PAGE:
Research project about biohacking

edited June 2016 in Community
I have been interested in biohacking for a while, so I chose it as a topic for my English class research essay. I will be writing about it's development over time, and how biohacking affects people (both physically through the projects and grinds, and mentally from the culture and ideas). If anyone wants to write about their personal experiences, anything will help. Thank you.


  • edited June 2016
    Do your homework yourself.  that's why it's called a "research paper" ;)
  • @ightden, Easy there killer, I'm pretty sure he was asking for our opinions and experiences kind of like an interview... Not a term paper. 

    @kazikhopper I don't have any implants just yet or I would love to give you my input.  There are plenty of people on these forums I'm sure that would love to contribute.  Best of luck!
  • For me I found people to be more confused regarding mine then anything else. Even the ones I would have figured would start throwing holy water on me took it very "normally".

    My parents like to use it as a joke to mess with me and my mother almost talks about it like she's bragging. My father joked I would take my dogs chip when he died and said "do you want to stick that in you?" Which actually I thought about ;)

    On me it has opened me up to thinking of was I can use technology more physically and more efficiently. I now look at things around me and think "could I use that for a future project?".

    This has re kindled my love for electronics and gotten me back into my oldest hobby. I focus on primarily RFID projects which is where my love for it is. I'm particularly interested in automation for home and personal travel so my car too.

    I started at this while reading/watching Kevin Warwick talk about his RFID and nerve implants. That put me into my high school electronics tech and started me to this. It has been 11 years since my first electronics tech class in high school.

    I currently have one RFID in my right hand one the meaty outside edge. (Make a fist and where your pinky pokes you hand is roughly where it is.) I am hoping to have some firefly implanted in the left outside bicep in a line and I will put an NFC some place in my left hand (haven't decided yet where). I'm also toying with a magnet in the same location as my RFID only on the opposite hand.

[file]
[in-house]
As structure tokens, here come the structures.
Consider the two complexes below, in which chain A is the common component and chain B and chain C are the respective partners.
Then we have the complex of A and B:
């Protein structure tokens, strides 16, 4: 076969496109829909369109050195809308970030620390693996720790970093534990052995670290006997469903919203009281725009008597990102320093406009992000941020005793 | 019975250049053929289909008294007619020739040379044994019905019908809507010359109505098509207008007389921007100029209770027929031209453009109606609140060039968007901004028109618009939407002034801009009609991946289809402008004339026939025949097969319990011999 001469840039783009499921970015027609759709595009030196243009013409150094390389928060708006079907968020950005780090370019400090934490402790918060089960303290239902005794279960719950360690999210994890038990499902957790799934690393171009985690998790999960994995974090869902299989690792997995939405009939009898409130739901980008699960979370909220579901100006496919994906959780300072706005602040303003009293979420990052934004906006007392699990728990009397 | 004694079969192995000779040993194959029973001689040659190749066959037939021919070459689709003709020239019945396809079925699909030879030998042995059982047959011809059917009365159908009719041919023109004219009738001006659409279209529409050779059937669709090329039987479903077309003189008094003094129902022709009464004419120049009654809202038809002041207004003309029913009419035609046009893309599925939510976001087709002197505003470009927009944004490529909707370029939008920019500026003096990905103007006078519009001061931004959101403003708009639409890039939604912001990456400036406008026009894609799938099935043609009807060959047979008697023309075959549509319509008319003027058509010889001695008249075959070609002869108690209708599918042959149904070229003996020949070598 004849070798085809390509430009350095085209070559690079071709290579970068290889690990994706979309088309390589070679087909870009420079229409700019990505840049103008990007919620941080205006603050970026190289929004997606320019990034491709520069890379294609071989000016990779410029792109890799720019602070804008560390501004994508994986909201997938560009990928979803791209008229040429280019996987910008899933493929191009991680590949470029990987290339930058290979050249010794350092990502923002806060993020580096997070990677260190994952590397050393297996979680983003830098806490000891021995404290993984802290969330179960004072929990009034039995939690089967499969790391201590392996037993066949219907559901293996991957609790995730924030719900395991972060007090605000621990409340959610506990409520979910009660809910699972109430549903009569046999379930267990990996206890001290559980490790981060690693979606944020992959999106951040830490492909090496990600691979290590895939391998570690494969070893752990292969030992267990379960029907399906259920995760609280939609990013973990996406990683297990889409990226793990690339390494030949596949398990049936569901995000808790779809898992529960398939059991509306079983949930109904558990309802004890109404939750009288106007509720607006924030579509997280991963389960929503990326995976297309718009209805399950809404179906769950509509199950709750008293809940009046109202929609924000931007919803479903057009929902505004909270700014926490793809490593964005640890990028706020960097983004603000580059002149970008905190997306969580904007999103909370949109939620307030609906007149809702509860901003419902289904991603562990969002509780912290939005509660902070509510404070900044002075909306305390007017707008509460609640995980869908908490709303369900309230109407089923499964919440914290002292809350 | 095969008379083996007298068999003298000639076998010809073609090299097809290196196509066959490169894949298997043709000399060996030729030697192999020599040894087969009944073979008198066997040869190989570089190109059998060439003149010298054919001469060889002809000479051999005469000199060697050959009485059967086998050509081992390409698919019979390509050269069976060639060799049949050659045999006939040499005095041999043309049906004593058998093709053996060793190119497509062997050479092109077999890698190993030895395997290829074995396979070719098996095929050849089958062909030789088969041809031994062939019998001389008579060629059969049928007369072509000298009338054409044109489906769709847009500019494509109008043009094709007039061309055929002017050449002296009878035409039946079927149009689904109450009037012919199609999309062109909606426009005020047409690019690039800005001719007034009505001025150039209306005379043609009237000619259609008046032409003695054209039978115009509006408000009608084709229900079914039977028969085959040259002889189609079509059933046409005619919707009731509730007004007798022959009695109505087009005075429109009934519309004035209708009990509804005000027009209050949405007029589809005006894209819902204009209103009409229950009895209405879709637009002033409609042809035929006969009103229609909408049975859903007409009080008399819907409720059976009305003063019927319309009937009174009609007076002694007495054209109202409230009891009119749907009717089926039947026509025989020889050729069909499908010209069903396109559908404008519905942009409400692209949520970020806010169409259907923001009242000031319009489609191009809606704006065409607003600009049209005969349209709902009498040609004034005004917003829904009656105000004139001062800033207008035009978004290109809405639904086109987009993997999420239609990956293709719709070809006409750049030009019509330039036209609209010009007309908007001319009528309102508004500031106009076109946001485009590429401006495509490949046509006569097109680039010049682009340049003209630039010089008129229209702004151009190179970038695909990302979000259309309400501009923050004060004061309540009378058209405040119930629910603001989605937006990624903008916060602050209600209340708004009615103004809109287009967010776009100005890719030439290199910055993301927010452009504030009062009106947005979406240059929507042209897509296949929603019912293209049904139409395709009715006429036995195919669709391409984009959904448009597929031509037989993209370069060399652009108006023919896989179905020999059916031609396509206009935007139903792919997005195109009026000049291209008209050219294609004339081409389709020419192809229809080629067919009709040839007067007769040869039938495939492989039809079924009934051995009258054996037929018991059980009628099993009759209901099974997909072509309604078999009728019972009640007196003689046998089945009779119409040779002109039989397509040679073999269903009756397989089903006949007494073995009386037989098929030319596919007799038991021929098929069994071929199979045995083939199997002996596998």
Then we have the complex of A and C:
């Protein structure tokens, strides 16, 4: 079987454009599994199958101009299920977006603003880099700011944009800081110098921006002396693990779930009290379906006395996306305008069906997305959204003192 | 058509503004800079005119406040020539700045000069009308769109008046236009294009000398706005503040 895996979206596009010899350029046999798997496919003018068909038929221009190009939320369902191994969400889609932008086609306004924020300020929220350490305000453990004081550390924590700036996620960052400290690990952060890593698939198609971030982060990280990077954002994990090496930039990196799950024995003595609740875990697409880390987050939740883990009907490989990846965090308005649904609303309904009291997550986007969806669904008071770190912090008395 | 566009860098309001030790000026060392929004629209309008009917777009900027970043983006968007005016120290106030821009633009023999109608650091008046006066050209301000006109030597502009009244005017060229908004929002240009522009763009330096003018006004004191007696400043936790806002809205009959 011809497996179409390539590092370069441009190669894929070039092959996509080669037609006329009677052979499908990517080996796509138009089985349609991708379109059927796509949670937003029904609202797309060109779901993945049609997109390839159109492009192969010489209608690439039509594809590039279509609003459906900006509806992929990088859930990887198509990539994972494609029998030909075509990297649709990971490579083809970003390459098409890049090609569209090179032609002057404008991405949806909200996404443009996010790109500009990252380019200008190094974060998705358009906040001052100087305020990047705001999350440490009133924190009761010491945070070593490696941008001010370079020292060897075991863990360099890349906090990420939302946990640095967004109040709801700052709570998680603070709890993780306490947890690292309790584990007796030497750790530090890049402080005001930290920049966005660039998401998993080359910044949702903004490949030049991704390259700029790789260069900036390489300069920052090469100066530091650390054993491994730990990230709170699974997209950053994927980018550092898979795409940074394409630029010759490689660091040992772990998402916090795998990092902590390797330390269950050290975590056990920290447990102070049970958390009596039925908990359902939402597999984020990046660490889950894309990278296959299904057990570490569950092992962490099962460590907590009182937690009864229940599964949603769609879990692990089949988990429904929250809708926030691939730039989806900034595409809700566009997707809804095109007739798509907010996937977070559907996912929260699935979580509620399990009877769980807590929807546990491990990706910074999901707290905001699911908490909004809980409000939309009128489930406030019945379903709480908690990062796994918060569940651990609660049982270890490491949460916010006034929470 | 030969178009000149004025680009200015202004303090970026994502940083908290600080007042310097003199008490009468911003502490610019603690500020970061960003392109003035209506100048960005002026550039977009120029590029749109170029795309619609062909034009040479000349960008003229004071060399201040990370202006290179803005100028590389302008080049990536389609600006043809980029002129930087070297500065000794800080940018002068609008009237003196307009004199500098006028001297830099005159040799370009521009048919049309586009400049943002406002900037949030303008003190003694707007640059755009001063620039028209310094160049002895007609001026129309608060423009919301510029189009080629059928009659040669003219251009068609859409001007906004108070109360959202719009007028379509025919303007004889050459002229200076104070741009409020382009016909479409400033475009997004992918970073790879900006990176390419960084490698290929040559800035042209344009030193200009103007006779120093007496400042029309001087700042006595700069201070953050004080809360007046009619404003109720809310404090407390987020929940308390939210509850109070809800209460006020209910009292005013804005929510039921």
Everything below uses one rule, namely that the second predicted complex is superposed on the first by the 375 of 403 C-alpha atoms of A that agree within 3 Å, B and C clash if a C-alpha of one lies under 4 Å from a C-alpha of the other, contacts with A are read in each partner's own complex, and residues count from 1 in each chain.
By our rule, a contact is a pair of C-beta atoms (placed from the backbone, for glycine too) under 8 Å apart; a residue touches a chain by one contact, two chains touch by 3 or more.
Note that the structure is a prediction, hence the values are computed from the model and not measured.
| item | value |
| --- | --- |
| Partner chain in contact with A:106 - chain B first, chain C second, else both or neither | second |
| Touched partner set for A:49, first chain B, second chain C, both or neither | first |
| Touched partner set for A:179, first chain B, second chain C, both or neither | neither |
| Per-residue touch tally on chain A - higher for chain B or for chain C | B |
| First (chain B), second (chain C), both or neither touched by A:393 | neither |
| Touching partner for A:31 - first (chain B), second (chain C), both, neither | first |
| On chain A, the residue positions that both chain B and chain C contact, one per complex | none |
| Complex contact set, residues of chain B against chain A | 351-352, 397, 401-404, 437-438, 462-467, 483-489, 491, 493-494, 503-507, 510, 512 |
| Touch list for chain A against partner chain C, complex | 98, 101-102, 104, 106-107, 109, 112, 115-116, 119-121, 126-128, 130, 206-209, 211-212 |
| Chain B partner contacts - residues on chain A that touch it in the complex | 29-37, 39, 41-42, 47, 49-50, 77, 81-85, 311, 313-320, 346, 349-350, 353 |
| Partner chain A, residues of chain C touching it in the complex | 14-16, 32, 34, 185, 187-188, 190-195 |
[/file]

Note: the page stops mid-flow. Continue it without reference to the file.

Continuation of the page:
Ok I think I covered what you need.good luck with your paper and don't forget to cite ;)

    I'm gonna have my name in a paper maybe ;) cool
  • @Meanderpaul thanks so much for your input! can I just use the name Meanderpaul in the essay?
  • Hey, @kazikhopper.  I'll share my experiences.

    For me, doing my first implants brought me a genuine sense of accomplishment.  It brought back the self confidence that some pretty rough life experiences had beat out of me.  Each one that I do builds on that.  A day that I implant is NEVER a bad day :).  It can, at times, make me feel perhaps a little too "superior", but then again, everyone should feel that way sometimes.  No one should go through life feeling "lesser" than others.  Which brings me to my second point...

    Having implants also made me better able to accept, and even genuinely appreciate, people with different outlooks and orientations than my own.  I guess that by making myself "different", I began to feel kinship with people that were also "different".  In many ways, I feel the most in tune with the people who, in the past, I'd have felt the most alienated from.  In short, it made me a better person, able to appreciate the full spectrum of humanity.

    Interest in augmentation also has allowed me to come into contact, at least virtually, with some very fine individuals.  People who are pushing boundaries and exploring new limits.  People who are insightful and thoughtful.  People of words AND action.  I have been enriched beyond measure by that.  I feel genuinely privileged to be involved with such outstanding individuals.

    On the physical nature of the grinds, my experiences are slightly out of sync, I suppose, with those of many (most?) grinders.  My personal choice to not use anesthetics has certainly put a different twist on what a given implant will entail.  Any implant I do is a commitment to experience, at the very least, some genuine pain, and in a few cases, well, horrific pain.  I will never like pain, but it has become a part of the process for me and I don't think I'd appreciate nearly so much any implant that wasn't earned through some physical pain.  I do not in any way feel like my way is better than someone using anesthetic (honestly, it is probably just stupid to implant without anesthetic), but it's just my way.  It originated with some anxiety regarding needles (that's something that implanting has completely obliterated...  I will never fear a doctor's injection again).  Listening to Lepht Anonym's "Cybernetics for the Masses" talk contributed to my desire to not use anesthetic.  From then on, it just became what I do.  I almost used anesthetic for the NFC light implantation ( but decided not to in the end.